Brexit campaigner Arron Banks has lost his libel case against investigative journalist Carole Cadwalladr.
Mr Banks, the founder of the pro-Brexit campaign group Leave.EU, sued Ms Cadwalladr for defamation over two instances in 2019 – one in a TED Talk video and another in a tweet.
Mr Banks claimed he was defamed after comments Ms Cadwalladr made about his relationship with the Russian state.
The judgement from the High Court follows a five-day hearing in January.
The case, which has been going on for nearly three years, centred on comments Ms Cadwalladr made in a TED talk which has been viewed more than five million times since it was broadcast online in April 2019.
In the talk, she said: “And I am not even going to get into the lies that Arron Banks has told about his covert relationship with the Russian government.”
According to the judgement from Mrs Justice Steyn:
- The single meaning of Ms Cadwalladr’s words was that: “On more than one occasion Mr Banks told untruths about a secret relationship he had with the Russian government in relation to acceptance of foreign funding of electoral campaigns in breach of the law on such funding”
- Ms Cadwalladr said she did not intend to make that allegation, and accepts it was untrue
- After initially putting forward a truth defence, Ms Cadwalladr withdrew that defence
- She then used a public interest defence to justify her statements and Ms Cadwalladr established that “her belief that publishing the TED talk was in the public interest was reasonable”
- The court found that talk “had caused serious harm to his [Banks’s] reputation”
- But Mrs Justice Steyn said: “I accept the TED talk was political expression of high importance, and great public interest (in the strictest sense), not only in this country but worldwide”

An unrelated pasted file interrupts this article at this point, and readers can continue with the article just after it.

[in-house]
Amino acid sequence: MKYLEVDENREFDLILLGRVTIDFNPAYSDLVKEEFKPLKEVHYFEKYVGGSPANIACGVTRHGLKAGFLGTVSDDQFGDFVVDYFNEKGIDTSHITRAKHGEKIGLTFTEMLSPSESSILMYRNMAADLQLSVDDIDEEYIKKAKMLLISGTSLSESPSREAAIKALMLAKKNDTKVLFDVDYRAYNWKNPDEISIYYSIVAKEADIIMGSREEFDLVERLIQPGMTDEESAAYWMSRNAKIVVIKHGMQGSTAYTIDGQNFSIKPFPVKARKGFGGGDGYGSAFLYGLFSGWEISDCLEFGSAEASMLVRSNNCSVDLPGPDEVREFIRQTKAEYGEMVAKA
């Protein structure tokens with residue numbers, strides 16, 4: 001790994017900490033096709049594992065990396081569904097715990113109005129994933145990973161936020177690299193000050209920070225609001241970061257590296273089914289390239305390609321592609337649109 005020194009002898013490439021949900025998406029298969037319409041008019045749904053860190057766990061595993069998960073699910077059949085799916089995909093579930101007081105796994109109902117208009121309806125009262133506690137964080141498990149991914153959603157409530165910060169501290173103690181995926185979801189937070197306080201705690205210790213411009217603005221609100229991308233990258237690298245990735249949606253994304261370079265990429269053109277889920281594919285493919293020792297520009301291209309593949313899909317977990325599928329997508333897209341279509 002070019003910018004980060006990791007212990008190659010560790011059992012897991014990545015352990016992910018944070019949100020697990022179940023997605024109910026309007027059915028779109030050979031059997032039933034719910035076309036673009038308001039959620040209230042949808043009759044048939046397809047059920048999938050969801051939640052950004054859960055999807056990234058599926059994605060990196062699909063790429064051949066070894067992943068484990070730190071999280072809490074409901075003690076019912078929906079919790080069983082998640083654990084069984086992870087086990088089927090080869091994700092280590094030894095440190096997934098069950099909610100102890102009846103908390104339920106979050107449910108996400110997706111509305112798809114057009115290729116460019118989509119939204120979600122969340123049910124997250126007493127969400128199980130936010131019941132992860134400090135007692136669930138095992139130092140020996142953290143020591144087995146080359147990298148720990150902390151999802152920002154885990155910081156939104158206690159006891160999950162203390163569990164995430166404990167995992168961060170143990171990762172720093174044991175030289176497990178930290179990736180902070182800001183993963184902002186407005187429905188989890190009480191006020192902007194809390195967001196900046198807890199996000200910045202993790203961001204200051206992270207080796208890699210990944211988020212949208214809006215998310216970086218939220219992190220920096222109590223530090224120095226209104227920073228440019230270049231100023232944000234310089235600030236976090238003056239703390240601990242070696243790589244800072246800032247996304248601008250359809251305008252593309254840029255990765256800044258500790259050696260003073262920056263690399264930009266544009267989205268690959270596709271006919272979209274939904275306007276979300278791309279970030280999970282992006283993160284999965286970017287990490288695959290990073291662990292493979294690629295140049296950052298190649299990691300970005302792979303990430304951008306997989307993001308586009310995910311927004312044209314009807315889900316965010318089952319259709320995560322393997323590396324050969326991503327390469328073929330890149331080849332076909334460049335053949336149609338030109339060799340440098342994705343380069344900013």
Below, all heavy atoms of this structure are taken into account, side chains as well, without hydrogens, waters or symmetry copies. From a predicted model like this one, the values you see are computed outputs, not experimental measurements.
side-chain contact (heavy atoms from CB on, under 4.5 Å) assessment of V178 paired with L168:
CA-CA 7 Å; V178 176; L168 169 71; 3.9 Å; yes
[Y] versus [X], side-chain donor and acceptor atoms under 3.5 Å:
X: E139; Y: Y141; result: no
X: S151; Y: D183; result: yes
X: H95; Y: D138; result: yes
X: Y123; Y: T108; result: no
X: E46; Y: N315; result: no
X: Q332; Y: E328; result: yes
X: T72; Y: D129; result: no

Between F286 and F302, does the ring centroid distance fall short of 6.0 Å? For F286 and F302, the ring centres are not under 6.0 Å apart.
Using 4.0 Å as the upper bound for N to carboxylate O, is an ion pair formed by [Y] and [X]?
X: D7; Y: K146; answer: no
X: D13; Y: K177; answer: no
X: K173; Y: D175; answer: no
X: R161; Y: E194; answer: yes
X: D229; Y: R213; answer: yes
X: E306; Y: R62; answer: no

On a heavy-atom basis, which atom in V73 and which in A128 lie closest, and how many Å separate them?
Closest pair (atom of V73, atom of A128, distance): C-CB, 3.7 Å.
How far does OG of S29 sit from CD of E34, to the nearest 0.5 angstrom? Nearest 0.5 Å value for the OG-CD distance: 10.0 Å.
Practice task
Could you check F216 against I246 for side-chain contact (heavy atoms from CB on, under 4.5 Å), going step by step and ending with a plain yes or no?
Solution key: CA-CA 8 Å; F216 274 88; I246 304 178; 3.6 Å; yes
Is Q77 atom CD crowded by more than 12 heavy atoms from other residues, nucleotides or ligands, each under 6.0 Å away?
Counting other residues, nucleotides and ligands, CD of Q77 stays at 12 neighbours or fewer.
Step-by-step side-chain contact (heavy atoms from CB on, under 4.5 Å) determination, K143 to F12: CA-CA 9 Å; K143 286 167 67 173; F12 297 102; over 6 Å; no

- The tweet, which Mr Banks also complained about, had not caused “serious harm” to his reputation
- The judge said if she had found the tweet had caused “serious harm” to Mr Banks’ reputation she would have concluded Ms Cadwalladr’s belief that the tweet was in the public interest was also reasonable.
A public interest defence allows a defendant to justify themselves based on the reason that the information was in the public interest.
“I am so profoundly grateful and relieved,” said Ms Cadwalladr, who first reported the Cambridge Analytica data scandal where harvested data was used during elections.
Writing on Twitter after the judgement, she thanked her legal team and the 29,000 people who contributed to her legal defence fund, saying: “I literally couldn’t have done it without you.”
She said the last three years had been “extraordinarily difficult” and hoped no other journalists had to go through this “crushing, debilitating, all-consuming experience”.
Mr Banks congratulated the investigative journalist on winning, but said he would “likely” appeal against the court judgement.
“It leaves open for the journalist the excuse that she thought what she said was correct even though she had no facts,” he posted on Twitter.
During the trial, Ms Cadwalladr’s legal team said the case “should be of concern to anyone who values freedom of speech in this country”.
Rebecca Vincent, from the press freedom campaign group, Reporters without Borders, described it as a victory for journalism.
It was not just Ms Cadwalladr’s reputation at “stake”, but also the “ability of the press to report freely on such issues”.
“If Arron Banks had won today that would have a very different impact on the UK’s press freedom climate so we’re very pleased that it’s gone the way that it has,” she told the BBC.